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Posted on Sat, Jul 31, 2010 : 5:15 a.m.

Ypsilanti School Board begins evaluation of Superintendent Dedrick Martin

By Tom Perkins

In a self-assessment, first-year Ypsilanti Public School District Superintendent Dedrick Martin provided the school board with an extensive list of the district’s accomplishments and action taken under his watch, including the deficit elimination plan and programs geared toward boosting achievement and graduation rates.

The self-assessment, presented at the school board's Monday meeting, started off his evaluation process. Next, the board will provide their own evaluation of Martin at their Aug. 26 meeting.

The superintendent is scored on five performance goals:

• Planning, staffing and assessment, which includes systematic evaluation of staff and development of a districtwide strategic plan. • Instructional leadership. • Fiscal responsibility. • Communication and community engagement. • Operations and facilities management.

Martin provided an extensive list of the district’s accomplishments and action taken under his watch. He arrived at YPS last September just as the district was preparing to submit a deficit elimination plan calling for $6.4 million in budget cuts.

The district hired Chief Financial Officer David Houle shortly after Martin, leaving the newly assembled administration team roughly a month to develop the deficit elimination plan. Martin said he was pleased the team was able to sift through 10 years of information and prepare a solid plan quickly.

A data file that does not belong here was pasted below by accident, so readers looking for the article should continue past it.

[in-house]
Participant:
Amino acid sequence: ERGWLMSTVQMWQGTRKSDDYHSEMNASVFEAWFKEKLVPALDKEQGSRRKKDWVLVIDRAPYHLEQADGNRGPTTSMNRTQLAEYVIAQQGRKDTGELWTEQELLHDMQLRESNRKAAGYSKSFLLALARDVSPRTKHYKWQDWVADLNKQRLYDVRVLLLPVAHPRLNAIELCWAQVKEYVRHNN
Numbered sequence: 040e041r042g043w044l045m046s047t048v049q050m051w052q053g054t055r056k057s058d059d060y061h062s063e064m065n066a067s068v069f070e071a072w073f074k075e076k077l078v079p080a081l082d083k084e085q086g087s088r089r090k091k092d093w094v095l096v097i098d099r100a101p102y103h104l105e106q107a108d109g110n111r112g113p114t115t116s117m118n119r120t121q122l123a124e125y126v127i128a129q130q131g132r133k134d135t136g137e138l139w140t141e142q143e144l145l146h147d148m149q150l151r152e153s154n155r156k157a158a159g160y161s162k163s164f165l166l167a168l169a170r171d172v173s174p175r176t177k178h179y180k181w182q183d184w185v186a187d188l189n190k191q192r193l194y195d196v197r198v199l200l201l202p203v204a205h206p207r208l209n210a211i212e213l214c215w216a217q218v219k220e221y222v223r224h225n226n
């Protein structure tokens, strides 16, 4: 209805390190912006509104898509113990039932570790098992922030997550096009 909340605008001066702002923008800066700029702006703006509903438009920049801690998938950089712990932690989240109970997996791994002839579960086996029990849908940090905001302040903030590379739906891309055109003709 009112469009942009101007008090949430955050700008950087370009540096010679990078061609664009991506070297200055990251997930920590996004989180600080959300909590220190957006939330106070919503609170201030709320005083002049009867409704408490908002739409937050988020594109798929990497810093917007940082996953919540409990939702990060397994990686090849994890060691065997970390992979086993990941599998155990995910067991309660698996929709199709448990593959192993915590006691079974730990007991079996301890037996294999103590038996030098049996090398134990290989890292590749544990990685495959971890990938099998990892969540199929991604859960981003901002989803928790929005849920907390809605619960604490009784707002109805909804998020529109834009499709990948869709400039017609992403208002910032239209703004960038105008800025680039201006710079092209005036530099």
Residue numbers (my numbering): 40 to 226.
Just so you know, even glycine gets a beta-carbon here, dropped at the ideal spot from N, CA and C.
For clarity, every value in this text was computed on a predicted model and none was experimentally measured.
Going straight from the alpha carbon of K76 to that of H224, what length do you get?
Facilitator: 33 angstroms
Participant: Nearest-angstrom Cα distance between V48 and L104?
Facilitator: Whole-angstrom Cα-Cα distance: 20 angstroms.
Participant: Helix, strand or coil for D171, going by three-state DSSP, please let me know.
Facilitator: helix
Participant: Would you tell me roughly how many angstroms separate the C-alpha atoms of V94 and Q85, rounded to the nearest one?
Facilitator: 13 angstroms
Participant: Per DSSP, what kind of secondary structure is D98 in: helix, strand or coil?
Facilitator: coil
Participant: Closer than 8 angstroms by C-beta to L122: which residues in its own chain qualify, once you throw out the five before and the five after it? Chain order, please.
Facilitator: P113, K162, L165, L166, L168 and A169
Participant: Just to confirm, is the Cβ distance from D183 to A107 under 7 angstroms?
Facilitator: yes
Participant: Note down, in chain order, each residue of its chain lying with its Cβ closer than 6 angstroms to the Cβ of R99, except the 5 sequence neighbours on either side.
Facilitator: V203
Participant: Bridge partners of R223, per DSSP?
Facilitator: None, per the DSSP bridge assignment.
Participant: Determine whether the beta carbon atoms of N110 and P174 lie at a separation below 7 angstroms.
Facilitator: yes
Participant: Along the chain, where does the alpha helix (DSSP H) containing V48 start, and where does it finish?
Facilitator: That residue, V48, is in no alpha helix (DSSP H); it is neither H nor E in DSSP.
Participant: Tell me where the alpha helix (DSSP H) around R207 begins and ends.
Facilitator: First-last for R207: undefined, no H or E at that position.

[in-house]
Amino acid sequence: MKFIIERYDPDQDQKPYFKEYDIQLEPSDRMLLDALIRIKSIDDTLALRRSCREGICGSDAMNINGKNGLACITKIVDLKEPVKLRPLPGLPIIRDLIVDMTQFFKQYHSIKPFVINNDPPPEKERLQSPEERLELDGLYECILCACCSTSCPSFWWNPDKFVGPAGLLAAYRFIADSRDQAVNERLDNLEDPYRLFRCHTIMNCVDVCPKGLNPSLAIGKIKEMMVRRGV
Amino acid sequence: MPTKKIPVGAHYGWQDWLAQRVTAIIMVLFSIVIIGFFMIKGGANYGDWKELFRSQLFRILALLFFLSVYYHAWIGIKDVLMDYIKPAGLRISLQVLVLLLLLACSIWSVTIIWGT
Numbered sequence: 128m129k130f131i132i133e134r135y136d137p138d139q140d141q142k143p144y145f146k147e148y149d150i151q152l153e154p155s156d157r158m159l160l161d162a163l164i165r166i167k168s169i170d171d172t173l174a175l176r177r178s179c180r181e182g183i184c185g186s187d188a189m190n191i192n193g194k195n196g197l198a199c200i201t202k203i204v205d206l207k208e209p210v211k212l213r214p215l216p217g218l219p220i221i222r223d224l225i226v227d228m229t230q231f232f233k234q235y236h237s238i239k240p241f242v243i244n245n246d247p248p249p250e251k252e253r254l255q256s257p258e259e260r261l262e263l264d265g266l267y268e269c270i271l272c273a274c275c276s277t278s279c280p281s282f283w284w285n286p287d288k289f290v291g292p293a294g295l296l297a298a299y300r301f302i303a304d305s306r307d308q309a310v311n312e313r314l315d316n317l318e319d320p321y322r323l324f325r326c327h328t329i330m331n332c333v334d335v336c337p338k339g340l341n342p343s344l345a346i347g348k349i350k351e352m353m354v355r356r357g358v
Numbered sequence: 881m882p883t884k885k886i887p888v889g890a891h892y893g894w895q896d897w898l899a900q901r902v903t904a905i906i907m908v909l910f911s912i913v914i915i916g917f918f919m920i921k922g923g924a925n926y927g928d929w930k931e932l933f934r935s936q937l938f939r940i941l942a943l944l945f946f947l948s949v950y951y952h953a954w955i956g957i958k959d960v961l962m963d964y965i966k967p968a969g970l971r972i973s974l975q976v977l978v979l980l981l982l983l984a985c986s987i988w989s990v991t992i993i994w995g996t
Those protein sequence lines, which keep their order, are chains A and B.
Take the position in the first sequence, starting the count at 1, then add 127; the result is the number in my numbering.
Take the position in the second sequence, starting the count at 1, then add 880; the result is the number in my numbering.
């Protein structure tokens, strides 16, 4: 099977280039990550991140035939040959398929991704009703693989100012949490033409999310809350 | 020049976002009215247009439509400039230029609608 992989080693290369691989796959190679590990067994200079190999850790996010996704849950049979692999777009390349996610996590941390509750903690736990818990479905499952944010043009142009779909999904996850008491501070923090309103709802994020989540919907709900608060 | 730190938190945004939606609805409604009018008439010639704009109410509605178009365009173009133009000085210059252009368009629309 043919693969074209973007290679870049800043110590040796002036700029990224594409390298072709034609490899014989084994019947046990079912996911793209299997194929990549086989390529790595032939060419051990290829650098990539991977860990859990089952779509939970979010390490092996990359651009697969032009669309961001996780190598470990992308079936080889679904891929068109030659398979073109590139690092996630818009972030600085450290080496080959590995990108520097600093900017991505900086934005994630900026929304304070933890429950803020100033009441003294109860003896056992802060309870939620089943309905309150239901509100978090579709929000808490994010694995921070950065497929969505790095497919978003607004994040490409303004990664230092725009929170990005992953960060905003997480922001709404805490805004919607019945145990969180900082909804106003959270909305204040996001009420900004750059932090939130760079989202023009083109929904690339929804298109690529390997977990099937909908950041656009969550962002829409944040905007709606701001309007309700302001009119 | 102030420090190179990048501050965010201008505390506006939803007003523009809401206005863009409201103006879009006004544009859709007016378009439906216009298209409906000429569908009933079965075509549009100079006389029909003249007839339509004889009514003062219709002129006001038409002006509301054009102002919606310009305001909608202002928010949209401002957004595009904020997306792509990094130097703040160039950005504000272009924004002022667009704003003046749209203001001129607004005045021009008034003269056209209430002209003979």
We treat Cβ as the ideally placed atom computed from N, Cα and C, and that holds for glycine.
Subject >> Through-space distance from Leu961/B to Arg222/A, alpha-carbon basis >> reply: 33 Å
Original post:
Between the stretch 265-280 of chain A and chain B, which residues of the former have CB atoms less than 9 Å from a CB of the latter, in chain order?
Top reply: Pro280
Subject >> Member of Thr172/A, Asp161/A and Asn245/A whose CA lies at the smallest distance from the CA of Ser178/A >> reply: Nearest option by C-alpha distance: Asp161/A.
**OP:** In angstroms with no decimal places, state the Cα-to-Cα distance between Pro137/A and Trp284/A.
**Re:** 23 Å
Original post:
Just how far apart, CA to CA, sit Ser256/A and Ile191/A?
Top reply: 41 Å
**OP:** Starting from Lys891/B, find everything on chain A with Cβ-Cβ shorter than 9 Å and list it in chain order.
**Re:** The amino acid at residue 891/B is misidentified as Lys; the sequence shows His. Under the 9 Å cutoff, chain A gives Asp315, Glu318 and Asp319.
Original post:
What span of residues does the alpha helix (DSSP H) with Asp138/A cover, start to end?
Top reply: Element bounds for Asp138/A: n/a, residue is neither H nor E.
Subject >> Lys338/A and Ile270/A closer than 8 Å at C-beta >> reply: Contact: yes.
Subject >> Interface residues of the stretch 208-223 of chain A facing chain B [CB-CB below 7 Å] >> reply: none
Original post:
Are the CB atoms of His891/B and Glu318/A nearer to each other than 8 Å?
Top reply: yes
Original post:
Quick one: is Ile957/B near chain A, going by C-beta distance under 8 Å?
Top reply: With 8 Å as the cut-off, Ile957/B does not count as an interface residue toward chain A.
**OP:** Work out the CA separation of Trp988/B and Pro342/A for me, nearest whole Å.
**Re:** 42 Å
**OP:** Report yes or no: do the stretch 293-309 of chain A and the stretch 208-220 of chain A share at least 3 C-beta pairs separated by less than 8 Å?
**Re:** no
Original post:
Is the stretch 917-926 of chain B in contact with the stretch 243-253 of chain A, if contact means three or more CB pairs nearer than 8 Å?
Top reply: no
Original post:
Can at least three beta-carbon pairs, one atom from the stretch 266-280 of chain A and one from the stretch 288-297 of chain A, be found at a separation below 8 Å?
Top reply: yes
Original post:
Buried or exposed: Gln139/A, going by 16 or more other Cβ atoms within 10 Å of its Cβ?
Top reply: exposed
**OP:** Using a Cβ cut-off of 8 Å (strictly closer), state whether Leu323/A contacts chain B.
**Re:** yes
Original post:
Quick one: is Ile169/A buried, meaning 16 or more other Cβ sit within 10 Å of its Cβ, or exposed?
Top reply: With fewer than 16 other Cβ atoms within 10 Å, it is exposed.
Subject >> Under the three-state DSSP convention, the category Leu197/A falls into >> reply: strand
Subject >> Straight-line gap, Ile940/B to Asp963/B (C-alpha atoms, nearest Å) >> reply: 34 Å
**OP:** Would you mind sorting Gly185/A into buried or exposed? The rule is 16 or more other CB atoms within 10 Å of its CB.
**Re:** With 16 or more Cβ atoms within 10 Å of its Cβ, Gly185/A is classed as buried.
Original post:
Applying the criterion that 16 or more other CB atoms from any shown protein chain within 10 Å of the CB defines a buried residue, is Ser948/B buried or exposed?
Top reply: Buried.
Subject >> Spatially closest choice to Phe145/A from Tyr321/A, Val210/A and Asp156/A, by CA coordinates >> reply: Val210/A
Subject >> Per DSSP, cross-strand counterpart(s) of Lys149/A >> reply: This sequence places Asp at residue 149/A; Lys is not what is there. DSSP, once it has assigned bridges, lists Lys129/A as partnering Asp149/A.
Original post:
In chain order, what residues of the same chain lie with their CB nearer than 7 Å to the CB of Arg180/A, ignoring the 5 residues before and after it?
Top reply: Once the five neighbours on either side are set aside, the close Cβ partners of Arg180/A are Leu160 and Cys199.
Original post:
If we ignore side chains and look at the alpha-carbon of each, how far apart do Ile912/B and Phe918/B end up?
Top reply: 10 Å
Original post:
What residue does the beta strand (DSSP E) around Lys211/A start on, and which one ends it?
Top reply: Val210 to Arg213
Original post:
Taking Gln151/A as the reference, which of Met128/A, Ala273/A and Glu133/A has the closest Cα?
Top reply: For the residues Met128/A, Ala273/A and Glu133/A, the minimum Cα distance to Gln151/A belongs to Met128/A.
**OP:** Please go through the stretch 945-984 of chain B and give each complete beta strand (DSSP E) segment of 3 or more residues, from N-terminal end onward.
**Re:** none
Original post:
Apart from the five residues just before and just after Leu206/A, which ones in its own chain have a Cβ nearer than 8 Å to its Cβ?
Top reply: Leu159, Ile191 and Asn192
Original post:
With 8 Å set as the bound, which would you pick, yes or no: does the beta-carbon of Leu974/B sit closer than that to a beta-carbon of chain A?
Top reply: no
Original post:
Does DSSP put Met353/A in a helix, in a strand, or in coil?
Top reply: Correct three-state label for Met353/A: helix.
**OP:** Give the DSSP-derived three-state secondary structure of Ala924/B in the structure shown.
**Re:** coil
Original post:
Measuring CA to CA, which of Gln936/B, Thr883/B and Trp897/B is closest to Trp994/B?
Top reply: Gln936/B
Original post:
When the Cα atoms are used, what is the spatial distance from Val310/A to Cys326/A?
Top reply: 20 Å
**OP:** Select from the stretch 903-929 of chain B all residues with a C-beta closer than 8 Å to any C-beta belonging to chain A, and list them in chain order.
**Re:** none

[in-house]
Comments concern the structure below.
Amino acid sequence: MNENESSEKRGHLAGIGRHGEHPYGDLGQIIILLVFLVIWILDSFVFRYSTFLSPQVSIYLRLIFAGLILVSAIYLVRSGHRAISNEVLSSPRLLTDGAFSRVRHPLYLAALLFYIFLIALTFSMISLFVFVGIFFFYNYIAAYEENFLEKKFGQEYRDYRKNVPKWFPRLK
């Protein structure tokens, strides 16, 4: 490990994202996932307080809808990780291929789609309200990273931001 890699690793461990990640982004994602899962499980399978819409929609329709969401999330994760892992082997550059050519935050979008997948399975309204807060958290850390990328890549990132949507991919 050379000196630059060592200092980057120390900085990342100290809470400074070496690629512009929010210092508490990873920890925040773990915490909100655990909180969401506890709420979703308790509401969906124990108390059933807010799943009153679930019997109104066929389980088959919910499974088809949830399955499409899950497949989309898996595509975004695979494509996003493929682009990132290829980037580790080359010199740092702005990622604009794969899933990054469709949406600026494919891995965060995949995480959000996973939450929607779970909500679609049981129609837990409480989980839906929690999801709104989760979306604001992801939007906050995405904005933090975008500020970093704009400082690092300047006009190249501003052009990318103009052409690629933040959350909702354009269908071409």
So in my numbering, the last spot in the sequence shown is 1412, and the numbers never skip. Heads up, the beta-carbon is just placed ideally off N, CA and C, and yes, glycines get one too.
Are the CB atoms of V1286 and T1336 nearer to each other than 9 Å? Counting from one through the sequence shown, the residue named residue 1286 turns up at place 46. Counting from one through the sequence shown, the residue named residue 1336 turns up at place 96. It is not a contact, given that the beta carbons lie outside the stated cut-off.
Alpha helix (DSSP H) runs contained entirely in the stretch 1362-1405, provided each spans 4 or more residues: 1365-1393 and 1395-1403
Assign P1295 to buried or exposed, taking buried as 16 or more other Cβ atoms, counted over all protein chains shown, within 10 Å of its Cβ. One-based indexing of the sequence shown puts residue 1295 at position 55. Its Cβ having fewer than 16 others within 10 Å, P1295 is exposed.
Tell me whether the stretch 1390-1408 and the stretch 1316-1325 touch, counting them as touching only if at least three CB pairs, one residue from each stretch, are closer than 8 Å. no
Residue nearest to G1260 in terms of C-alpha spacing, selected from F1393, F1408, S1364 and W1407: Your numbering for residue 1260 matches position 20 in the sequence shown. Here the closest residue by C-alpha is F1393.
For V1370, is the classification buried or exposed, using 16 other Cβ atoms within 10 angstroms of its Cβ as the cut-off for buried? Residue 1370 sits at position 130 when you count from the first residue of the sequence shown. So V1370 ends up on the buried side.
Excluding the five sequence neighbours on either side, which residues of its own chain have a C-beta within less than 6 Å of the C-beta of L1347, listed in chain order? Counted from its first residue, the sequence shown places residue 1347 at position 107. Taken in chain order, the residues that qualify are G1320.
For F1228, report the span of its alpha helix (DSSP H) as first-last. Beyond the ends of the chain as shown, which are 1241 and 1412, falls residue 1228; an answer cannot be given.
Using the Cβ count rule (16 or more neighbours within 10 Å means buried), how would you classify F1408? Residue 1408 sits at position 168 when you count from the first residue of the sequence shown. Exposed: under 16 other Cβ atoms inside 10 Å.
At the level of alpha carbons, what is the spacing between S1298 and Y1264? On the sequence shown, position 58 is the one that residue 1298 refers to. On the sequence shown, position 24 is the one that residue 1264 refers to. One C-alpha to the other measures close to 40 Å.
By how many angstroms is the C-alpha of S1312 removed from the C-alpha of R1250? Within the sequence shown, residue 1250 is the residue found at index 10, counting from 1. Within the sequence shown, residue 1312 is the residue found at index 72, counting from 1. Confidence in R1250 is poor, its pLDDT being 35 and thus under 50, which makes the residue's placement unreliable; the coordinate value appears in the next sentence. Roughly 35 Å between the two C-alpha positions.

The district made roughly $4 million in cuts, but an unforeseen spike in health care and retirement costs added $2 million to the remaining $2.4 million. Still, Martin is optimistic about the district’s financial course.

“I think we made significant progress and trimmed about $4 million out of the budget, but we still kept our core instructional programming and athletics in place,” he said.

Martin said he’s confident the district can realize the additional savings through negotiations with the district's teacher’s union, the Ypsilanti Education Association, and other unions. He praised the YPS unions and employees who already willingly took 3-percent pay cuts and started making greater contributions to their health care costs.

“We have a lot of people working hard and doing a good job, and we really want to reward them, not take from them,” he said.

Martin pointed to new programs developed or in development, such as the New Tech High School, a credit recovery program and securing recently shuttered East Middle School for the International Baccalaureate program through the Washtenaw Intermediate School District.

“I’m excited that we are forging new opportunities … I think those are great for the Ypsilanti community, the district and students,” he said. Martin explained some of the programs were developed out of the need to boost high school students' achievement and graduation rate.

“We’re saying that our graduation rate is not where it should be, but we were able to put something in place. We hope to see the fruits of that labor in the upcoming future,” he said.

YPS has seen success in its K-8 buildings. Students there significantly raised test scores last year. Martin said he can’t take credit for those scores, but he is excited about that change and improvements.

“That’s a testament to all of our staff and administration,” he said. “We’re seeing more things going in the right direction, and hopefully we continue to see that.”

Each board member will take the presentation and Martin’s statements into consideration as they score him in the different areas. Their evaluations will be presented to one board member, and an aggregate score will then be presented to Martin. Martin said he did not yet know for sure if the presentation would be public.



Thu, Sep 23, 2010 : 7:57 a.m.

Why wouldn't the presentatin be public? He works for the district and makes decisions that affect our families. On another note, maybe as a sign of unity, Mr. Martin can cut some of those perks he receives for his position, while teachers take a pay cut.